- As Newbuild Orders at Chinese Yards Take a Nosedive
A Panamanian-flagged oil tanker Alheera was rescued by Chinese Navy from a pirate attack on Saturday, April 15 while underway in the Gulf of Aden.
The ship was approached by a skiff with five pirates on board who were trying to board the tanker south off Balhaf, Yemen. As understood, the pirates fired at the tanker during the attempt to hijack it.
The crew managed to send a distress signal which was picked up by the Chinese navy.
Once informed of the attack, the Hengyang frigate of China’s 25th convoy fleet was sent to the scene. The frigate’s helicopter reached the tanker shortly and drove away the pirates, PLA Daily, the official newspaper of the People’s Liberation Army (PLA) informed.
There were no injuries reported and the 2001-built ship was cleared to resume its voyage, the daily added.
According to Marine Traffic’s latest data, the ship has armed guard on board, and is underway using engine.
The ship is owned by UAE’s Gulf Energy and was built by Yardimci Deniz, Vessels Value data shows. The small clean tanker is laden with cargo.
Separately, two pirates were shot dead and one wounded by foreign naval forces while trying to hijack an unidentified ship near the Gulf of Aden, the Associated Press reported citing Ahmed Abdullahi, an official with the anti-piracy force in Puntland as saying on Sunday.
The two men were part of a group of nine pirates, the rest of which managed to flee the scene once the shots were fired.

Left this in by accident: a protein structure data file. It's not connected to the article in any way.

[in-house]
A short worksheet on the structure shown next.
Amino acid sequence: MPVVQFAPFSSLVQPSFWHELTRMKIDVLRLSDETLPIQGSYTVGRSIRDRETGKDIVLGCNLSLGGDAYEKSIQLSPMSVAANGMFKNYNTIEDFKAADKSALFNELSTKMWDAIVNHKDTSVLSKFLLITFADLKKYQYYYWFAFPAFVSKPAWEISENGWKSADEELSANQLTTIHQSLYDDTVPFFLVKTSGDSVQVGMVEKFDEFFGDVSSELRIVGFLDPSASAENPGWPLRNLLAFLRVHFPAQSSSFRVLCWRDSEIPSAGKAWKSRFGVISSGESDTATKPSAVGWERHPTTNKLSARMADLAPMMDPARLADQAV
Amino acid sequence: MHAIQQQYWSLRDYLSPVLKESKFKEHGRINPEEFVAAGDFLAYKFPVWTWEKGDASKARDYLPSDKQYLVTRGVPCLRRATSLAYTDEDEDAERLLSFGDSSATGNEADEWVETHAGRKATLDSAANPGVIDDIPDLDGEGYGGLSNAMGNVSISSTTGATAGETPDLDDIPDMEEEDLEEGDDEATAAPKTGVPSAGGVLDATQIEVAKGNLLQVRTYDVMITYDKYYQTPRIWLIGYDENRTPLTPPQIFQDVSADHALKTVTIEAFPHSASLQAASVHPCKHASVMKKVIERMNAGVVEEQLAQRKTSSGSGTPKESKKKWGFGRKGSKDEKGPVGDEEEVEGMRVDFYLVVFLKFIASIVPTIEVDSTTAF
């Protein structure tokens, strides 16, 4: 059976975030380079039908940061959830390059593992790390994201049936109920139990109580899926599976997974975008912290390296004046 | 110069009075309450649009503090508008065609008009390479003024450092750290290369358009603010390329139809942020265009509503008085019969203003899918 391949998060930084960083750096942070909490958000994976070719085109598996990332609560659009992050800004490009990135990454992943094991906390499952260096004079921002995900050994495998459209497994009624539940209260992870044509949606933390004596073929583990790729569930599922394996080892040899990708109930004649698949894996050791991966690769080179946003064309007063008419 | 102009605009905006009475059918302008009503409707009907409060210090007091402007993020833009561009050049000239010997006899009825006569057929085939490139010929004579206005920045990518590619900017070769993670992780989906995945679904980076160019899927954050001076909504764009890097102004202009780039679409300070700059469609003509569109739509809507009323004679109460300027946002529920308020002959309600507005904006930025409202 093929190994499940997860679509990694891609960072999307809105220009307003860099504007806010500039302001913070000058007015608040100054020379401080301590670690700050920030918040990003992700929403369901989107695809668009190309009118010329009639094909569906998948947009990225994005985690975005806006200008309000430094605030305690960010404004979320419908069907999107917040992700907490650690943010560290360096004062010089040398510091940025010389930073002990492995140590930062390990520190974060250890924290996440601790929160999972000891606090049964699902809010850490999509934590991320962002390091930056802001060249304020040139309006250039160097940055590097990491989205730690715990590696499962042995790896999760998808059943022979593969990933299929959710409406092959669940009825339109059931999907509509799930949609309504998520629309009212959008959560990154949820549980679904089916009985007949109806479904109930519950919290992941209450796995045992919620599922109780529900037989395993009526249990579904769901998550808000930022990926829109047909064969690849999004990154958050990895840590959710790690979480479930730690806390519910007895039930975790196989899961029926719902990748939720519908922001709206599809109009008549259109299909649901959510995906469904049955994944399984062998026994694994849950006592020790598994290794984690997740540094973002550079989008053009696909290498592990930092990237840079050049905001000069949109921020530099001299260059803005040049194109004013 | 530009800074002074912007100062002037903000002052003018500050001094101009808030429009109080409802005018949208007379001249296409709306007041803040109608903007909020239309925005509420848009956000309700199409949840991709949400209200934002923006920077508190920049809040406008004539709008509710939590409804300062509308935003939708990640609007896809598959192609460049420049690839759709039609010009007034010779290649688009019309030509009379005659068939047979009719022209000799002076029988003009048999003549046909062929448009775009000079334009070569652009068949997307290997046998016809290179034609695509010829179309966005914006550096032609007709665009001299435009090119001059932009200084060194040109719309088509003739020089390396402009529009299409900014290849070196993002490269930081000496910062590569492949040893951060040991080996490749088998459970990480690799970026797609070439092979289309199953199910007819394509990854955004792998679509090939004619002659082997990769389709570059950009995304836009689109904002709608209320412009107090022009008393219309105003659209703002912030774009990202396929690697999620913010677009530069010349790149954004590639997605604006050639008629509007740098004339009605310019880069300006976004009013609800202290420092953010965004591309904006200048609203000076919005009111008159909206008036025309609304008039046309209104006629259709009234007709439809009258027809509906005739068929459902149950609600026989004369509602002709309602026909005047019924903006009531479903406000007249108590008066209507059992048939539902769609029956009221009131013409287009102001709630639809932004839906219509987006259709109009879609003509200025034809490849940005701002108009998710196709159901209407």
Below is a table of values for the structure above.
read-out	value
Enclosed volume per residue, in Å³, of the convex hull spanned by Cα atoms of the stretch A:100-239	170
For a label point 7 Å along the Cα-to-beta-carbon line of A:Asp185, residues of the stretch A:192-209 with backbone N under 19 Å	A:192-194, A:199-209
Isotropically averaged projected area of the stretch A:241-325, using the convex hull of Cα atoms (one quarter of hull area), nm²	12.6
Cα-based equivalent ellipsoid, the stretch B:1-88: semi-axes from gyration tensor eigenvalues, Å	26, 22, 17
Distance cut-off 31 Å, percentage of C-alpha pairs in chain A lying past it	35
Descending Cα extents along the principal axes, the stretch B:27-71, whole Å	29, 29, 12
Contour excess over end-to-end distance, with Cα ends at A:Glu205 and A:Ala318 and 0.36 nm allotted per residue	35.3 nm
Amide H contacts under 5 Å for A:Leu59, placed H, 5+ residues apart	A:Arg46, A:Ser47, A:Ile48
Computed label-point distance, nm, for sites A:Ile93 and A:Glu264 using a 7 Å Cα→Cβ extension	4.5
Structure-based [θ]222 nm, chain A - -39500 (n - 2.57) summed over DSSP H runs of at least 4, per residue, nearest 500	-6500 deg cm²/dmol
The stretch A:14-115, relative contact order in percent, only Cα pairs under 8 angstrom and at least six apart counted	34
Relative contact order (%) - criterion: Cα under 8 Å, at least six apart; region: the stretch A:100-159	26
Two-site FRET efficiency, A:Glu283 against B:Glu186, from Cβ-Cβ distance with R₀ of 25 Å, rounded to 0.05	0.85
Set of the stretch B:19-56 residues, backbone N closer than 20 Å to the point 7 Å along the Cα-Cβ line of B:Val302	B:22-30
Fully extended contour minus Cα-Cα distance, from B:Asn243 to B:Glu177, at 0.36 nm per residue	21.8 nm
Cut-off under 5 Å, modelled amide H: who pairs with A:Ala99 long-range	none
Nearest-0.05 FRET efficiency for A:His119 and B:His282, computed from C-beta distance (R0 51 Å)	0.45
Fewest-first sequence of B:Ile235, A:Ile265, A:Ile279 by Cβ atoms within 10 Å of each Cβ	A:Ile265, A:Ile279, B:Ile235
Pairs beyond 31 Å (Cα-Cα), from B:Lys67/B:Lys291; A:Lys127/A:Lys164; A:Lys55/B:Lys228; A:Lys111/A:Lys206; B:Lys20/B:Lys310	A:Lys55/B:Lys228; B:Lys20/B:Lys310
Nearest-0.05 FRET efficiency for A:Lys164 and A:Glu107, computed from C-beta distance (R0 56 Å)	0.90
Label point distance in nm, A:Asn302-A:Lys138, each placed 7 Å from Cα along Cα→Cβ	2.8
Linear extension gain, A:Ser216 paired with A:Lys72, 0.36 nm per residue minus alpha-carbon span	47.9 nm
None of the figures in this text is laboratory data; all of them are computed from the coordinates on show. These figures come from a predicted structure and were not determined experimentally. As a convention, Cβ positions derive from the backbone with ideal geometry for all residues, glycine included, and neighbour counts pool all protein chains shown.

Following a surge in armed pirate attacks on seafarers and their vessels in the area in 2008, counter-piracy naval forces and self-protection efforts by the maritime industry, managed to keep Somali piracy at bay. However, the recent rise in frequency of attacks in the Gulf of Aden have increased the need for extra vigilance when transiting the Indian Ocean.
In the meantime, China’s shipbuilding industry has experienced a 25.4 percent plunge in newbuilding orders during the first three months of 2017 compared to the same period a year earlier, according to data provided by the China Association of the National Shipbuilding Industry (Cansi).
Namely, the country’s shipbuilders managed to score only 5.54 million dwt of new orders in the first quarter of the year.
However, the report shows that Chinese yards saw a surge of 87.7 percent, compared to the same quarter in 2016, in completed vessel capacity as a total of 15.67 million dwt of vessels were constructed during the period.
The yards’ order backlog dropped by 26.3 percent to 88.65 million dwt, when compared to the same period a year earlier, and by 11 percent when compared to the order backlog seen at the end of 2016.
Additionally, Cansi informed that the 53 major shipbuilders secured 36.1 percent less of new orders which stood at 4.42 million dwt at the end of the three-month period, and completed 13.37 million dwt of vessel tonnage, representing a rise of 71.6 percent.
The report shows that the completed newbuild value at 80 of China’s yards was down by 7.5 percent year-on-year to RMB 85.87 billion (USD 12.4 billion).
During the first three months of 2017 the 80 yards reported a drop of 9.7 percent in total revenue which stood at RMB 62.4 billion, while their total profit fell by 63.5 percent to RMB 250 million on the back of a slowdown in the shipbuilding industry.
World Maritime News